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Message from the Executive Director

MESSAGE FROM THE EXECUTIVE DIRECTOR


It gives me great pleasure to welcome you to the Thalidomide Victims Association of Canada (TVAC) website.  Whether you are looking for information on the history of the thalidomide tragedy, on how to recognize the congenital malformations caused by the drug, on the use even now of thalidomide and the careful monitoring its use requires, whether you are seeking information on our organization's programs and services or if you just want to send us a word of support, you have come to the right place!   

Our report (see link) on the current living conditions of the Canadian thalidomide survivors and their projections for their future allowed us to convey, in 2013, a real cry for help from the Canadian thalidomiders. Because our community, as a whole, is severely affected by problems of premature physical degeneration and by the resulting loss of autonomy, we have no choice but to bring forward and prioritize interventions and demands addressed specifically to the bodies responsible for this historic Canadian tragedy, as well as their duty to ensure a safe and decent future for the survivors. Prior to the release of this report, our event commemorating 50 years of the thalidomide tragedy, which took place in Ottawa in  2012, provided an opportunity for all of our members and partners to discuss issues and to socialize. A consensus came out of this experience, which is that Canadian thalidomide survivors have an undeniable feeling of belonging that is stronger than ever, within TVAC.  

 

Accordingly, it is with a clear mandate and with great determination that TVAC will put everything in place, in 2014, in order for the bodies responsible for this tragedy to propose and implement solutions to meet adequately the serious needs and major difficulties faced by our members.  


LET'S LOOK BACK OVER SOME OF WHAT TVAC HAS ACHIEVED SINCE IT WAS CREATED: 

Since 1988, our organization's determination to carry TVAC forward in its mission of mutual assistance for Canadian thalidomide survivors and raising public awareness of the dangers associated with the use of teratogenic drugs has never faltered.  Here are just a few of our accomplishments in this task:

  • With the support of the War Amps of Canada, we organized the first meeting of Canadian thalidomide victims, which took place in Ottawa in August 1988 and planned our first national campaign to obtain financial support from de Canadian government. This meeting was also the first step in the process of developing our organization nationwide. TVAC has held more than 7 national conferences since then;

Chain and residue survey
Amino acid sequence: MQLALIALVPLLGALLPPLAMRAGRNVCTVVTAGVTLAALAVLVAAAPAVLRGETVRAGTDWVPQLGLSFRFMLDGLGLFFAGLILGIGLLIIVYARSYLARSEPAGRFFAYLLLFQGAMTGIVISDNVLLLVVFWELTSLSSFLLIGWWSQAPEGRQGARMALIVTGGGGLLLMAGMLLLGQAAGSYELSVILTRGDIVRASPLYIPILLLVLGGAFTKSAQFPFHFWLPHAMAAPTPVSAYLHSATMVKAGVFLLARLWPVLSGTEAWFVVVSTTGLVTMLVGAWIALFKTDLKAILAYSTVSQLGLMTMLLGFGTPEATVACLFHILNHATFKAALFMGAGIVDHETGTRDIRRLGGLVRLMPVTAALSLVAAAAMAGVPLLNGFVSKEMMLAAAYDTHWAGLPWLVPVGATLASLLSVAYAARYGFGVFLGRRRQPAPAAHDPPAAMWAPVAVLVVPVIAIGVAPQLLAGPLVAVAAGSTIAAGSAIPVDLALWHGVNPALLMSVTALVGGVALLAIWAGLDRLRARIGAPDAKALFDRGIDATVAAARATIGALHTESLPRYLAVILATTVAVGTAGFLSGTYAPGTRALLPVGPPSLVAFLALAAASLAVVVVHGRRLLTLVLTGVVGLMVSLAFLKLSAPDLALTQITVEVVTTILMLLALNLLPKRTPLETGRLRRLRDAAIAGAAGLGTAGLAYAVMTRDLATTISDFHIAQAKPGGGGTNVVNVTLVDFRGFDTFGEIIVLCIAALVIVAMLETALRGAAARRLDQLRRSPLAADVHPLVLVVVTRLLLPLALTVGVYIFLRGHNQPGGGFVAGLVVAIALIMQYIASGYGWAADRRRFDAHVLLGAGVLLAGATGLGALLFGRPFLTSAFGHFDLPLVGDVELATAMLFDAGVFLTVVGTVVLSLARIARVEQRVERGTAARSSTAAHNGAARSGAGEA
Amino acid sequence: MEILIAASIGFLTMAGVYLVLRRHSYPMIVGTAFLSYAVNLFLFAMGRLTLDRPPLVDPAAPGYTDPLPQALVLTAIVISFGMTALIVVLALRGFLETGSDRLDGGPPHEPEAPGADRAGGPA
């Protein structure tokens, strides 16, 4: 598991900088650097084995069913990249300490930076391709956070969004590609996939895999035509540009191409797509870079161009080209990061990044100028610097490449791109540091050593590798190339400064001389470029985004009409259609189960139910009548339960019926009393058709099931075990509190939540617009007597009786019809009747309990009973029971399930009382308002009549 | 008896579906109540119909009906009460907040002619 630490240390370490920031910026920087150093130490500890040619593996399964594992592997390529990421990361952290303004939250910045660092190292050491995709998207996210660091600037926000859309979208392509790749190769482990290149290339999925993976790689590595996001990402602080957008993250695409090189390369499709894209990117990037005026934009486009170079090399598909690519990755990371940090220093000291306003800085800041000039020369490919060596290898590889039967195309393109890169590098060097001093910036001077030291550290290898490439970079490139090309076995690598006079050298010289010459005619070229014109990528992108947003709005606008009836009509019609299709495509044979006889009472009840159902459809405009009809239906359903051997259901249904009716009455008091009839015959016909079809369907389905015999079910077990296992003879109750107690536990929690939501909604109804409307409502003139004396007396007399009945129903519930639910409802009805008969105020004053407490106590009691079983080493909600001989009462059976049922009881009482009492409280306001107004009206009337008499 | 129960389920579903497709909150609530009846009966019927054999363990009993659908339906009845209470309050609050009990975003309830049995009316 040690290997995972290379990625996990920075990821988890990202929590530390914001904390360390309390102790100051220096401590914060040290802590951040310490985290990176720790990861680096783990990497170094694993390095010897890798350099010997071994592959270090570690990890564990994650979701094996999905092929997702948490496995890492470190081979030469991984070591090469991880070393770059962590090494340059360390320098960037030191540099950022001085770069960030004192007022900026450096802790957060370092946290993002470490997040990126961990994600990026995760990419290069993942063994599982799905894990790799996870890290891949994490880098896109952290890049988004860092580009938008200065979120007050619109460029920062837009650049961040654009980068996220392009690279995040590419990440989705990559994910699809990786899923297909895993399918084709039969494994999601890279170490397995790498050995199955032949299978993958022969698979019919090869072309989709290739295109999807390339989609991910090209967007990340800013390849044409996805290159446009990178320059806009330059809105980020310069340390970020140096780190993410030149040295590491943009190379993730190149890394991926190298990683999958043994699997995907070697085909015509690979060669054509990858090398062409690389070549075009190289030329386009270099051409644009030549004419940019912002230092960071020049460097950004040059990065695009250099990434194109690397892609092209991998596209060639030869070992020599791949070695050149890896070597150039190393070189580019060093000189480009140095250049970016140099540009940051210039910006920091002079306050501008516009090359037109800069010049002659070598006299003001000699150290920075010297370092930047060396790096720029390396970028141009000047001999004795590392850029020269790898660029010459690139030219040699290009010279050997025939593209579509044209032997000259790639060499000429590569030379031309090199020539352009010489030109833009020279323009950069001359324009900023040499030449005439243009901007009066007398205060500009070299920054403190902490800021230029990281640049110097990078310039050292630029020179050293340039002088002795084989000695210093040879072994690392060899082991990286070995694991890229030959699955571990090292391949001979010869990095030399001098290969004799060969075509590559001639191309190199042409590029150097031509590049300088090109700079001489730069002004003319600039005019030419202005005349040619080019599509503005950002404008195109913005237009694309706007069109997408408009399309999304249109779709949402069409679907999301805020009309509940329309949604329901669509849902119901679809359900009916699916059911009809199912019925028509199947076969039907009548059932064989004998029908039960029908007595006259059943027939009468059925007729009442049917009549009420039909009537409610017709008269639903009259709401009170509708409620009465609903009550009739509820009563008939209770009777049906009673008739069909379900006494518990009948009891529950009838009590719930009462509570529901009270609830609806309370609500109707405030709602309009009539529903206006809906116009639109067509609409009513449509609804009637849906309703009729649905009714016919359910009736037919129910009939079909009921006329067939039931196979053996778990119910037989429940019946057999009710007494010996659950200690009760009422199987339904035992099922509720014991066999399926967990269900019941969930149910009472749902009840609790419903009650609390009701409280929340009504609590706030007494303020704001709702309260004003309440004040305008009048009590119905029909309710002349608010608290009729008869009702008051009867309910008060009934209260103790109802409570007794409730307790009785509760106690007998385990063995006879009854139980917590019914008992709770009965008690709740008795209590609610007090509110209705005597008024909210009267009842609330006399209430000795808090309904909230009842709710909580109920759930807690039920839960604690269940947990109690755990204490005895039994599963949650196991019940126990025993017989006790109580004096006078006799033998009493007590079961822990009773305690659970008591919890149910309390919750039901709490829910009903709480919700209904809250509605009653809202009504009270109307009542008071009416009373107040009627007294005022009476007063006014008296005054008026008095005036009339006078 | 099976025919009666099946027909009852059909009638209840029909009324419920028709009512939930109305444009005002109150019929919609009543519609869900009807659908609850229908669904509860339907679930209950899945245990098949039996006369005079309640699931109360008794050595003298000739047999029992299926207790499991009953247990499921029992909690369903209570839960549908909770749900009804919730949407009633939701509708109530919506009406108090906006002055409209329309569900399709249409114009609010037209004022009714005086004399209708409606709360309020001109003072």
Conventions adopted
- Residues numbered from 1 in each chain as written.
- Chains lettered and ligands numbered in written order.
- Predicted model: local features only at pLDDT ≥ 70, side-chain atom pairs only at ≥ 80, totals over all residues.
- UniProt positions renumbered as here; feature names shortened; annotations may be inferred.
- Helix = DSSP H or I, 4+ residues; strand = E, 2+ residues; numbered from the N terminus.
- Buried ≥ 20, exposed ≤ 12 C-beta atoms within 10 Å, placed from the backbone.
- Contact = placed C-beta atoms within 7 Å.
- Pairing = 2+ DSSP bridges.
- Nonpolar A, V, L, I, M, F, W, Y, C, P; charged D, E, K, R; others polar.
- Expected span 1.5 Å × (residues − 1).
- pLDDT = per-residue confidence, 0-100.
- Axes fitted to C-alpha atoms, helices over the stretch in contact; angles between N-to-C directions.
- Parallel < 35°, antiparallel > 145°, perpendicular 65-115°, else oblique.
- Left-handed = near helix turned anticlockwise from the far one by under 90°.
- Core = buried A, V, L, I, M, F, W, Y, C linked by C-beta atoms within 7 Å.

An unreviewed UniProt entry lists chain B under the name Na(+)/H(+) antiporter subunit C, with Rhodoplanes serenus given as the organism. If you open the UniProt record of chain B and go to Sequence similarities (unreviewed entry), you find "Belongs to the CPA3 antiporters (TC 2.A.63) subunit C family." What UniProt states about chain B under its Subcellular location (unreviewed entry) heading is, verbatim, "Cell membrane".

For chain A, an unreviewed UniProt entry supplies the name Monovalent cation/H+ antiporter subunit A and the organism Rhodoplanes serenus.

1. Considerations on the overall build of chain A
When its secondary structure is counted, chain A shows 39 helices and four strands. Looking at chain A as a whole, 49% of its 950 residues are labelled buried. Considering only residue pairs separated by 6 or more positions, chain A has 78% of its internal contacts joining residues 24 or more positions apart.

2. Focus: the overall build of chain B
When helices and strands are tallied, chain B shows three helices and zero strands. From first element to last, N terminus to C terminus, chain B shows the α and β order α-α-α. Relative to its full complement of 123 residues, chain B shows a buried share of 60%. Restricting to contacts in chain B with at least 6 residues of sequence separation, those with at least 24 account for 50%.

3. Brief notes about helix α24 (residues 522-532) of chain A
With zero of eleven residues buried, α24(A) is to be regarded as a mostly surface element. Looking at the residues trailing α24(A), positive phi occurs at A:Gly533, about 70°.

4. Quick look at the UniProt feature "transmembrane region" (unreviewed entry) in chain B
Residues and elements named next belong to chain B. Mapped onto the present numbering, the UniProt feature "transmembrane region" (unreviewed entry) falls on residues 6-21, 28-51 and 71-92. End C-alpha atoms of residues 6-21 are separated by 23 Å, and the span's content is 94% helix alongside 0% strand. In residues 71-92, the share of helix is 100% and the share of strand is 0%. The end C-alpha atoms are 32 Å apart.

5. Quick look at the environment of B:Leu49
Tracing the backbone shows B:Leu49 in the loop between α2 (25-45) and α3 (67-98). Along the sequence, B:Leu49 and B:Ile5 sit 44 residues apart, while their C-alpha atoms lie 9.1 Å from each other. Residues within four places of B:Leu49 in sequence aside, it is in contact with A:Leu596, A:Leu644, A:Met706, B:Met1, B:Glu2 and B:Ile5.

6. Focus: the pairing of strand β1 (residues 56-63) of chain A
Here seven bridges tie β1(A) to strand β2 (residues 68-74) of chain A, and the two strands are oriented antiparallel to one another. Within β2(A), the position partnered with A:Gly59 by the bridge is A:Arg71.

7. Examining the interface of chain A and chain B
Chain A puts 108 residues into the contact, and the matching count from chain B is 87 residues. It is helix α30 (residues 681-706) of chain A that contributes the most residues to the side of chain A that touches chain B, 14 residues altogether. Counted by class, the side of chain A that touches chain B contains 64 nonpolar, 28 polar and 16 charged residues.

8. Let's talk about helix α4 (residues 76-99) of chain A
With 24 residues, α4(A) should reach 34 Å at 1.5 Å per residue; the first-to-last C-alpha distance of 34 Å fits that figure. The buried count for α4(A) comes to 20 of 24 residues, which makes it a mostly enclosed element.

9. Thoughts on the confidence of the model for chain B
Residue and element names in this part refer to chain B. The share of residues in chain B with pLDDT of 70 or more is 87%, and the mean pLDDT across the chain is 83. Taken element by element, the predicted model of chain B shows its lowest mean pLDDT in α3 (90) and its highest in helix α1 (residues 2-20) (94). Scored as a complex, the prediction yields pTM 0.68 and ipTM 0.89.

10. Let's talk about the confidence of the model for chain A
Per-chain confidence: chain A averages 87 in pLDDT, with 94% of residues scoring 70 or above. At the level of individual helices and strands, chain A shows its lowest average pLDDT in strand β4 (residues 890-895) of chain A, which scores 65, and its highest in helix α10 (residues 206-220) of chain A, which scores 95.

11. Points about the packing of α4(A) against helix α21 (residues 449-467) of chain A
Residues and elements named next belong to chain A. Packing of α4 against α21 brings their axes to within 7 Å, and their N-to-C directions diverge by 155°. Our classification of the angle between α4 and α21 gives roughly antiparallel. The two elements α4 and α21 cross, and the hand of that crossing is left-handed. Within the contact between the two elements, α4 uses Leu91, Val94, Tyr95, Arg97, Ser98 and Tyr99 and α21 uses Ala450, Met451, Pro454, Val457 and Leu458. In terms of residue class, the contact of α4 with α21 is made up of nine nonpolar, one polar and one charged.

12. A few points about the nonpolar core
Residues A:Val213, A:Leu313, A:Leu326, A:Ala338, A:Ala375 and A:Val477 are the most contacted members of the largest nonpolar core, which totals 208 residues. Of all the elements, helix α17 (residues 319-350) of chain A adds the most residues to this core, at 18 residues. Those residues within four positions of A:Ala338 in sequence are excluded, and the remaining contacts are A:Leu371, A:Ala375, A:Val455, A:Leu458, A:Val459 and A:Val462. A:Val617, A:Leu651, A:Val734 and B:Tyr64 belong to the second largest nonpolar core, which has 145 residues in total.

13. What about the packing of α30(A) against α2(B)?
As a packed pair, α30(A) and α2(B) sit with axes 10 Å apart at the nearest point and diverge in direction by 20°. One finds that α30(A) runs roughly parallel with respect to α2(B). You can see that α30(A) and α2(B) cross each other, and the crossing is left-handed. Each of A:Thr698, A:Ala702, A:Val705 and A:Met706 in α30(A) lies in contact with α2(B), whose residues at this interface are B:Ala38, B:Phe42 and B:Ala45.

• On June 1, 1995 we launched our "accommodation program", tailored to the needs of Canadian thalidomide victims. The program's purpose is to ensure that each and every Canadian thalidomide victim can maintain his or her independent life style with dignity and be a full-fledged citizen in his or her community. Thanks to your donations, our "accommodation program" is still in operation today and makes a huge difference in the quality of life of our members;
  • We made a name for ourselves taking a position and making recommendations on the exceptional distribution system and absolute watchfulness required in the United States' 1998 re-marketing of thalidomide;
  • In 1999, TVAC published the results of a study, conducted among its membership, entitled "Thalidomide survivors; a questionnaire survey on musculoskeletal abnormalities, general health, and quality of life";
  • In 2004, in the course of an international meeting of thalidomider organizations around the world, we shared our experience and knowledge through our presentation on the status of thalidomide use in North America during the 30th anniversary of the Ishizue Foundation, an organization representing thalidomide victims in Japan;
  • Another consciousness-raising coup was achieved with our presentation "45 years later...Where do we Stand!" that we gave during the MOTHERISK conference, "Establishing a new Benchmark for Drug Evaluation during Pregnancy", that was held on May 10, 2006 in Toronto. The objective of the presentation was to highlight the importance for us all as a society to take responsibility for the quality of treatment pregnant women should be receiving, an issue which is indissociably linked to the protection of unborn children. This presentation was subsequently published in the Canadian Journal of Clinical Pharmacology;